What a wonderful insight into the workings of 18th-century trade. I love the polite way the writer tells the customer he'll have to pay his own transport costs. 17d a gallon seems a pretty reasonable price for beer with an OG of 1100.
Here follows a letter from Mr. Benjamin Wilson, addressed to a St. Petersburg house, Oct. 23, 1775, quoted literally and in full, since it distinctly states the method in which the foreign trade was conducted.
"To Mr. John Daniel Newman and Co., Petersbg.
" Gentlemen,—We reed, in Course your much-esteemed Favor, dated the 28th July, and Contents noted. We confess ourselves concerned that some little Difficulty attending ye first Interpretation of yr. Letter has protracted in some degree the Dispatch of our Reply, and in consequence subjected us to the probable imputation of Inattention wch. we ever wish and shall endeavour to stand exempt from; but as that Inconvenience is in some Measure removed, any future letter we may have ye Pleasure to receive, we can be informed of with the greater Facility. To people who have the Credit of their own Manufacture and ye inseparable Interest of their Friends at Heart, we cannot but feel an accumulated Satisfaction at every additional Instance of our Ale proving fine and distinguishing itself, wch. in Justice to its Character we have ye happiness to say our Friends have universally confirmed. To ye several Queries of yr. Letter, we beg leave to acquaint you that tho' many merchants in St. Petersburg are supplied with Burton Ale from our House, yet there are many that we are not immediately connected with, their orders being principally transmitted thro' ye Houses of Hull and London, which may be called their Representatives, and from whom we receive the greatest share of our orders; but, as a foreign Connexion wd. be equally acceptable when satisfactorily established, we shd. consider it with equal Attention and Respect. The Price of Ale last Year at Burton, from ye extravagant Price of Grain, sold for 17d. per Gallon: what may be ye price for ye present Season is as yet undetermined, the value of wch. is generally regulated by the Average Cost of Grain, wch. so early in ye Season wd. be premature to say.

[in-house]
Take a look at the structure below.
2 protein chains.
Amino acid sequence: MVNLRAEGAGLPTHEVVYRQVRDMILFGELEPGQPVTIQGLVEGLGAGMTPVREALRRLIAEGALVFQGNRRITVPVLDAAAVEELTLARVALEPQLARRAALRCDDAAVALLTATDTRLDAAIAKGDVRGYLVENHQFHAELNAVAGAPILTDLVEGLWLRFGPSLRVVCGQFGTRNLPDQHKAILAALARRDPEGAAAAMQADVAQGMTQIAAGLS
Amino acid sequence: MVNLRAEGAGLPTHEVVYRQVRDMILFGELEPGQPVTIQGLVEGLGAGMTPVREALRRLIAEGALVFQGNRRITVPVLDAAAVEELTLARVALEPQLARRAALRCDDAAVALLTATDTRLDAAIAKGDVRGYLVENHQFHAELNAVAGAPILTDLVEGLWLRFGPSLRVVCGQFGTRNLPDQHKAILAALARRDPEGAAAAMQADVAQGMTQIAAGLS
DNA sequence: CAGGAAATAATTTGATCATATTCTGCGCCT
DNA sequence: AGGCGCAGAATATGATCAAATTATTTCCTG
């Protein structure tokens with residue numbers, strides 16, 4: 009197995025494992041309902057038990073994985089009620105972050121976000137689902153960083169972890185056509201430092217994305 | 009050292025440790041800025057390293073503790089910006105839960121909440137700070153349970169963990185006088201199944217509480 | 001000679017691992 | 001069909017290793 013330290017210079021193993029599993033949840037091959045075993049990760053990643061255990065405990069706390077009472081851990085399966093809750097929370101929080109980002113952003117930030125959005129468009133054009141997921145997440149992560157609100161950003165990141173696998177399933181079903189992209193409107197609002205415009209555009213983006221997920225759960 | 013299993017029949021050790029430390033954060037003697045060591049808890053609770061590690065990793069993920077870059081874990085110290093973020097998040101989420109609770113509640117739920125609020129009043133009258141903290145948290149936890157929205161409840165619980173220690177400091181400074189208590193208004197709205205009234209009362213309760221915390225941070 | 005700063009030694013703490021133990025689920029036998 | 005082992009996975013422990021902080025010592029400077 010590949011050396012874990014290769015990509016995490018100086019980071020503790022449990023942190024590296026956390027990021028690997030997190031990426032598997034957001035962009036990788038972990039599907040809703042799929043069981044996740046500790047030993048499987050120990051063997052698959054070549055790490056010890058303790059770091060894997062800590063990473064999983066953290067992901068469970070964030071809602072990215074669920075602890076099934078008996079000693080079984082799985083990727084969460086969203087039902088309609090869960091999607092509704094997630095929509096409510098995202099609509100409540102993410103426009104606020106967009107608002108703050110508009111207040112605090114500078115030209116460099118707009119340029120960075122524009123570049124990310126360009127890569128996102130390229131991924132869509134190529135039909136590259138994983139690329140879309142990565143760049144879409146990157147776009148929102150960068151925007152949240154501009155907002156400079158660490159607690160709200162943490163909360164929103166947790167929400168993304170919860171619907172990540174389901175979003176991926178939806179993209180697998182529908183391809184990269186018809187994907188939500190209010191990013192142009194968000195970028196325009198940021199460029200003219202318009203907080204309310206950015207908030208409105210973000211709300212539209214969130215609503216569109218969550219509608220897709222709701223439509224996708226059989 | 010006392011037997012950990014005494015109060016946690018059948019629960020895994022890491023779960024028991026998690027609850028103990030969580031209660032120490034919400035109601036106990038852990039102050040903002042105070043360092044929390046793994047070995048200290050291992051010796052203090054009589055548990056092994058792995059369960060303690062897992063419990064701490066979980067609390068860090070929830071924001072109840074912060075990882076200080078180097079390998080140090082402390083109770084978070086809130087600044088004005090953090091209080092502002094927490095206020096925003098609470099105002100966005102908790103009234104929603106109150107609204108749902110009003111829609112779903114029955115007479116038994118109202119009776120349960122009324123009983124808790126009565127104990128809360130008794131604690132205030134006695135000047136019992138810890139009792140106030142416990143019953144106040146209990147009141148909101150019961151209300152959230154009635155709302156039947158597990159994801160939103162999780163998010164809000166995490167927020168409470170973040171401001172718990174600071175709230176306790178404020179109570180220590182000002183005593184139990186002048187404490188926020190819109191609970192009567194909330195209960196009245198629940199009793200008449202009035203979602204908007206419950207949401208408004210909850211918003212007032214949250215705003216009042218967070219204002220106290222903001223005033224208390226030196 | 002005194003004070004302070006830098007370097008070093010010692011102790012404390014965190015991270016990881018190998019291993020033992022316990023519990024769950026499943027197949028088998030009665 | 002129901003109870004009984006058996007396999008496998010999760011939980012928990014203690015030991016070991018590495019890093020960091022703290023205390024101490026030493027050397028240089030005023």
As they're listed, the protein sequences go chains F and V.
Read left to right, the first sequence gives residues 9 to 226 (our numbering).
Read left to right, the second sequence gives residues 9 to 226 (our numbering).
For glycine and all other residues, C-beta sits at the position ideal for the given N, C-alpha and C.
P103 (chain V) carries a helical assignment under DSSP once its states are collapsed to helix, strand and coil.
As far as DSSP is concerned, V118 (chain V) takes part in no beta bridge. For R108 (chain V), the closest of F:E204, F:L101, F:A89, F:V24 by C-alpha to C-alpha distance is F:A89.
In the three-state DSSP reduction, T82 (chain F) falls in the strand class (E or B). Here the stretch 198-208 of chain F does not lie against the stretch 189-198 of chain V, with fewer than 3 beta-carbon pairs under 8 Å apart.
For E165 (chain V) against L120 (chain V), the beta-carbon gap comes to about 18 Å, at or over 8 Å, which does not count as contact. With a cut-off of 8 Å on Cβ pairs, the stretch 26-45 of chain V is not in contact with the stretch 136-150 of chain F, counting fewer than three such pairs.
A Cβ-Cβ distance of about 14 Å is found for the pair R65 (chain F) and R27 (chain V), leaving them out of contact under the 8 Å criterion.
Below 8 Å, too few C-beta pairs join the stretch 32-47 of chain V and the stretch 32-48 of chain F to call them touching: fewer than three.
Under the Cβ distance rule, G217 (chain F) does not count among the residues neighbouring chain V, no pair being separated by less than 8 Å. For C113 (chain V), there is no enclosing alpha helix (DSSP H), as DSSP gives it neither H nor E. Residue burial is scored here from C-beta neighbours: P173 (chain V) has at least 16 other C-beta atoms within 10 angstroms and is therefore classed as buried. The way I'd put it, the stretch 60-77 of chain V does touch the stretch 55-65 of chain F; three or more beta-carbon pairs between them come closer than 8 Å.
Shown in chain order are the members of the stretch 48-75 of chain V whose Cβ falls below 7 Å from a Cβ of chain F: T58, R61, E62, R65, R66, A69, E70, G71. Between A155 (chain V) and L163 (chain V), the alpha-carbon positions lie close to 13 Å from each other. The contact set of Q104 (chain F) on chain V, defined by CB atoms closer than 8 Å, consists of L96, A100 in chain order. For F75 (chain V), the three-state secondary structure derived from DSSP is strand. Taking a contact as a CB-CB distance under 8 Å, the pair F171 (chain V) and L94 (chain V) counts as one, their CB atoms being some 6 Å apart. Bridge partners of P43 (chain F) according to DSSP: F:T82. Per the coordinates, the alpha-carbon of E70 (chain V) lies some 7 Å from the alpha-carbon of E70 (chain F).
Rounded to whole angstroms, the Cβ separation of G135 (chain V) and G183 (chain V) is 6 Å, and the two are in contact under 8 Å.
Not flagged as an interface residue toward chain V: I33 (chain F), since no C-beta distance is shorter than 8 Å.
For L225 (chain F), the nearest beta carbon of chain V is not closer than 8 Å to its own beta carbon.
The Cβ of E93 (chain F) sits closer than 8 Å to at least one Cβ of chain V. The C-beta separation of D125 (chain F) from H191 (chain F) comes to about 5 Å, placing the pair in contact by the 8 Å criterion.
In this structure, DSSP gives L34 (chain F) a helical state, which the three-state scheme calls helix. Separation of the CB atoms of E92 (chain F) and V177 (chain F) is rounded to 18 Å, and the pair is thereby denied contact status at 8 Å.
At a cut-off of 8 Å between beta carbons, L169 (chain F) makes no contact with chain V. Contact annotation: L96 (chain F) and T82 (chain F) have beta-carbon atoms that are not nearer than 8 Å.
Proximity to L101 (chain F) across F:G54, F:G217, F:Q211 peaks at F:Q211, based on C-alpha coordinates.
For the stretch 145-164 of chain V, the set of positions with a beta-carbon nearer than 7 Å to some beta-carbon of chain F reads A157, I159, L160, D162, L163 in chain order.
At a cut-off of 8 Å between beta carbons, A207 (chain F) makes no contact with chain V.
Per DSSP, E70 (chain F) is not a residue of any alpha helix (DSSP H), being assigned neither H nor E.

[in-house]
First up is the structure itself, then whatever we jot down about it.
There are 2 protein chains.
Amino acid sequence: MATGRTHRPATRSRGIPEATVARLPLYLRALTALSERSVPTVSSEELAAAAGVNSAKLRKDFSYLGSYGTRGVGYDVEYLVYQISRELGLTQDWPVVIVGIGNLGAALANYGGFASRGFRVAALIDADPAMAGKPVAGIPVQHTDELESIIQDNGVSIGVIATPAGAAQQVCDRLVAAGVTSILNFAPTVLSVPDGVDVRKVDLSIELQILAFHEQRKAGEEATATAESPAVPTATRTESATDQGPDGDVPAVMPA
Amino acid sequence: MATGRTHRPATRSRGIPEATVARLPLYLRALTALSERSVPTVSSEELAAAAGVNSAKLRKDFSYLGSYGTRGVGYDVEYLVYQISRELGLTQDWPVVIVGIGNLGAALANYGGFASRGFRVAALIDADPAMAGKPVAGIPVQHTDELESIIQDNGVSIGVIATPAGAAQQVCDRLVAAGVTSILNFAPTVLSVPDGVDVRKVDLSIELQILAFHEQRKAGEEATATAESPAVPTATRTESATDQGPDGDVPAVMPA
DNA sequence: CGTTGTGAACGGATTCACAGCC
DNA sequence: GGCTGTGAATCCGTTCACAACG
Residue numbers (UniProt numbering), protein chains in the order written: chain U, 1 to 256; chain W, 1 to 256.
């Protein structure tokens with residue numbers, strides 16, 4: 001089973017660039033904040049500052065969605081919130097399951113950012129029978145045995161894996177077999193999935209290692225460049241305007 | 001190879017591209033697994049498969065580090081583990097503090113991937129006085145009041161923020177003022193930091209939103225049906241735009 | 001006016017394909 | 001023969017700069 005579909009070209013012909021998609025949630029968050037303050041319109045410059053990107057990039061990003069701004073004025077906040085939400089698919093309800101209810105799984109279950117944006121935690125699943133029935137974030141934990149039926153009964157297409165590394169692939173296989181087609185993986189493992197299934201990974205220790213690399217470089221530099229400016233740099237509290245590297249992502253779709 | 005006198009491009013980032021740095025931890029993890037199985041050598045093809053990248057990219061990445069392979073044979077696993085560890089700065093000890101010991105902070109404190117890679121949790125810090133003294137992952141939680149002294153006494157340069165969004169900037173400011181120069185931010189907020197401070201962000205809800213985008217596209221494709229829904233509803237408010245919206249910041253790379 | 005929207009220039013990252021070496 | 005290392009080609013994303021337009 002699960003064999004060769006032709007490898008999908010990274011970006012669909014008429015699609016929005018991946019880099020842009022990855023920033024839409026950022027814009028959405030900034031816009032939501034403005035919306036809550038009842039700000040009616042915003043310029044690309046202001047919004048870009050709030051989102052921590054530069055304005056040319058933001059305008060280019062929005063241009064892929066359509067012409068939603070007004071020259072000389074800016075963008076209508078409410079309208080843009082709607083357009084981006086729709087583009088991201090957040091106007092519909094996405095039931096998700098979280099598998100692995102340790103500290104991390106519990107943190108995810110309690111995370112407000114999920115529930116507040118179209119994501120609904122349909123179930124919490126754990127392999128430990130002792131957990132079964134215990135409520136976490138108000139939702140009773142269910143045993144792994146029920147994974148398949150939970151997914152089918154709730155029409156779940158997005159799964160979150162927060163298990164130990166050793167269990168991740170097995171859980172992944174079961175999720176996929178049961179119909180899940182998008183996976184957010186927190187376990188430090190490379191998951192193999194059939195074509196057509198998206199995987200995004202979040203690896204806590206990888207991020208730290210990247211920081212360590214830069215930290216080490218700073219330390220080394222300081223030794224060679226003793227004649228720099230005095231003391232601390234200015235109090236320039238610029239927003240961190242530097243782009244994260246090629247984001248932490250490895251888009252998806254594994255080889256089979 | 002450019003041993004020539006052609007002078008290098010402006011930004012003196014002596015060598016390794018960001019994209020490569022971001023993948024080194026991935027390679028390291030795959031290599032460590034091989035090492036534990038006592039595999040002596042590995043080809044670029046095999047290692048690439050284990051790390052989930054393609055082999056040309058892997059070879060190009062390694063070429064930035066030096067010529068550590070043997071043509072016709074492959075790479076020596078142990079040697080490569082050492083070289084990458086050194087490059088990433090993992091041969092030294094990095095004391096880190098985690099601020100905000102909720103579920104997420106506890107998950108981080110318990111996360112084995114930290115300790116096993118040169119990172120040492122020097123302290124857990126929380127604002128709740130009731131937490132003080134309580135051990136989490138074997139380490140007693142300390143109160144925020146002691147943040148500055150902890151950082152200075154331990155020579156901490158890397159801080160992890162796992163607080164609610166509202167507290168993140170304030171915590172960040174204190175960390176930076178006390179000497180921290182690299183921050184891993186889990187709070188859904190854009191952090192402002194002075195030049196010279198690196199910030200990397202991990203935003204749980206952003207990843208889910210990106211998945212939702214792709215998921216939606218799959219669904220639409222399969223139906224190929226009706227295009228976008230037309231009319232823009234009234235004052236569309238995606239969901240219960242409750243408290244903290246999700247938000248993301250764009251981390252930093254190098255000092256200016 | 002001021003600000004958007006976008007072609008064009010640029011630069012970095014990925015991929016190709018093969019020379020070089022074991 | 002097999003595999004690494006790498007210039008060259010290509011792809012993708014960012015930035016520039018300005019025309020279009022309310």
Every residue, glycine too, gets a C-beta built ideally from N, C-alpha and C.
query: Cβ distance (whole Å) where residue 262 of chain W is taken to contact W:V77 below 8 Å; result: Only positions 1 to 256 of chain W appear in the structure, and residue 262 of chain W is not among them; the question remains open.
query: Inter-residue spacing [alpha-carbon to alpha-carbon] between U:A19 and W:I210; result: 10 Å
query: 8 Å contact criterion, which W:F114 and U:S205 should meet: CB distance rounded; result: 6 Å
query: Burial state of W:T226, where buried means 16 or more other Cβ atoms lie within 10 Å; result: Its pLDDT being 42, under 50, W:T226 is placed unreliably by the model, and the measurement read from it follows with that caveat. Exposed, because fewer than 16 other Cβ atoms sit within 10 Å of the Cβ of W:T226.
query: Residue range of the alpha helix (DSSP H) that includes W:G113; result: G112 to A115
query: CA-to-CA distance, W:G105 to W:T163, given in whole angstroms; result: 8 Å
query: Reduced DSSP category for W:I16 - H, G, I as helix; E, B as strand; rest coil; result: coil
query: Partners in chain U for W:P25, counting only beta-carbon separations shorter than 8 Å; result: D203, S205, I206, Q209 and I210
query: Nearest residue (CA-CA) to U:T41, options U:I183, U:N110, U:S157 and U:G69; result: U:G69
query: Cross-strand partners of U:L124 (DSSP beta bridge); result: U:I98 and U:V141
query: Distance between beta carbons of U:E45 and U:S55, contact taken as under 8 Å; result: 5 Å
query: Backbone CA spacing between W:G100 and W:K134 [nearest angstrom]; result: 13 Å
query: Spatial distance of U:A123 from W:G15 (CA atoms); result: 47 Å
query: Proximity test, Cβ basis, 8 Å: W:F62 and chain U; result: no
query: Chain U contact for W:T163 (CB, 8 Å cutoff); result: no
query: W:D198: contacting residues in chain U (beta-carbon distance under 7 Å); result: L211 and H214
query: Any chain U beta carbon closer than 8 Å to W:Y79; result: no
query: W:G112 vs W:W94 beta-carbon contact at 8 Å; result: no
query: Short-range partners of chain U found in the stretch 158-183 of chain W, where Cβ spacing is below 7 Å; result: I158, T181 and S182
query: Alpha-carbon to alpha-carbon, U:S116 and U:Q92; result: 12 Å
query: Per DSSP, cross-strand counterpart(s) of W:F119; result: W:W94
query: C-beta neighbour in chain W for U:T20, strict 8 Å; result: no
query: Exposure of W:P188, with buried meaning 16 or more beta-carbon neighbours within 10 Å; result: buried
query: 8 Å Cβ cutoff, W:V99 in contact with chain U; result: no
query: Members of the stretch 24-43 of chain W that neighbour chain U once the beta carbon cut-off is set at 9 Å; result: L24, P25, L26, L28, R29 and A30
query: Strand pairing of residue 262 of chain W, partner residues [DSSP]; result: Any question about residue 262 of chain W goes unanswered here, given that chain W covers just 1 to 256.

"You desire to know at what price we can undertake to ship you the Ale pr. Gallon, free on Board, which is a mode we are never accustomed to observe, as our Friends always pay us for ye ale 17d. at Burton, and defray the Consequent Expenses of Fret, and Shippg. themselves ; and as we ourselves wish to reap no Benefit therefrom, take this opportunity of subjoining for yr. own Satisfaction an acct. of the Fret, to Hull, and other Expenses, by way of specimen, on thirty Hhds. of Ale shipped the last Season, which, with very little or no Variation, may be proportioned for a larger or lesser qty.
"B. Wilson & Co."
"Noted breweries of Great Britain and Ireland, Vol. I" by Alfred Barnard, 1889, pages 123 - 125.
It's significant that the price of the beer depended on the grain price and, indirectly, the quality of the barley harvest. This is when beer was still brewed from local grain. In the 19th century, improved transport and large-scale agriculture in the USA and other regions reduced the dependency of brewers on supplies of British barley. Brewers would have been unable to produce the amount of beer they did in the second half of the 19th century without grain imports. Britain itself simply could not produce enough barley. As was demonstrated during WW I and WW II. During the Napoleonic Wars it was tax on malt, not a shortage of it, that caused brewers problems.
Those casks are weird sizes. I've never come across 40 and 80 barrel-sized ones before. As the letter says, these were specifically for the Russian market. I wonder why they were that size? Maybe it matched some Russian measure.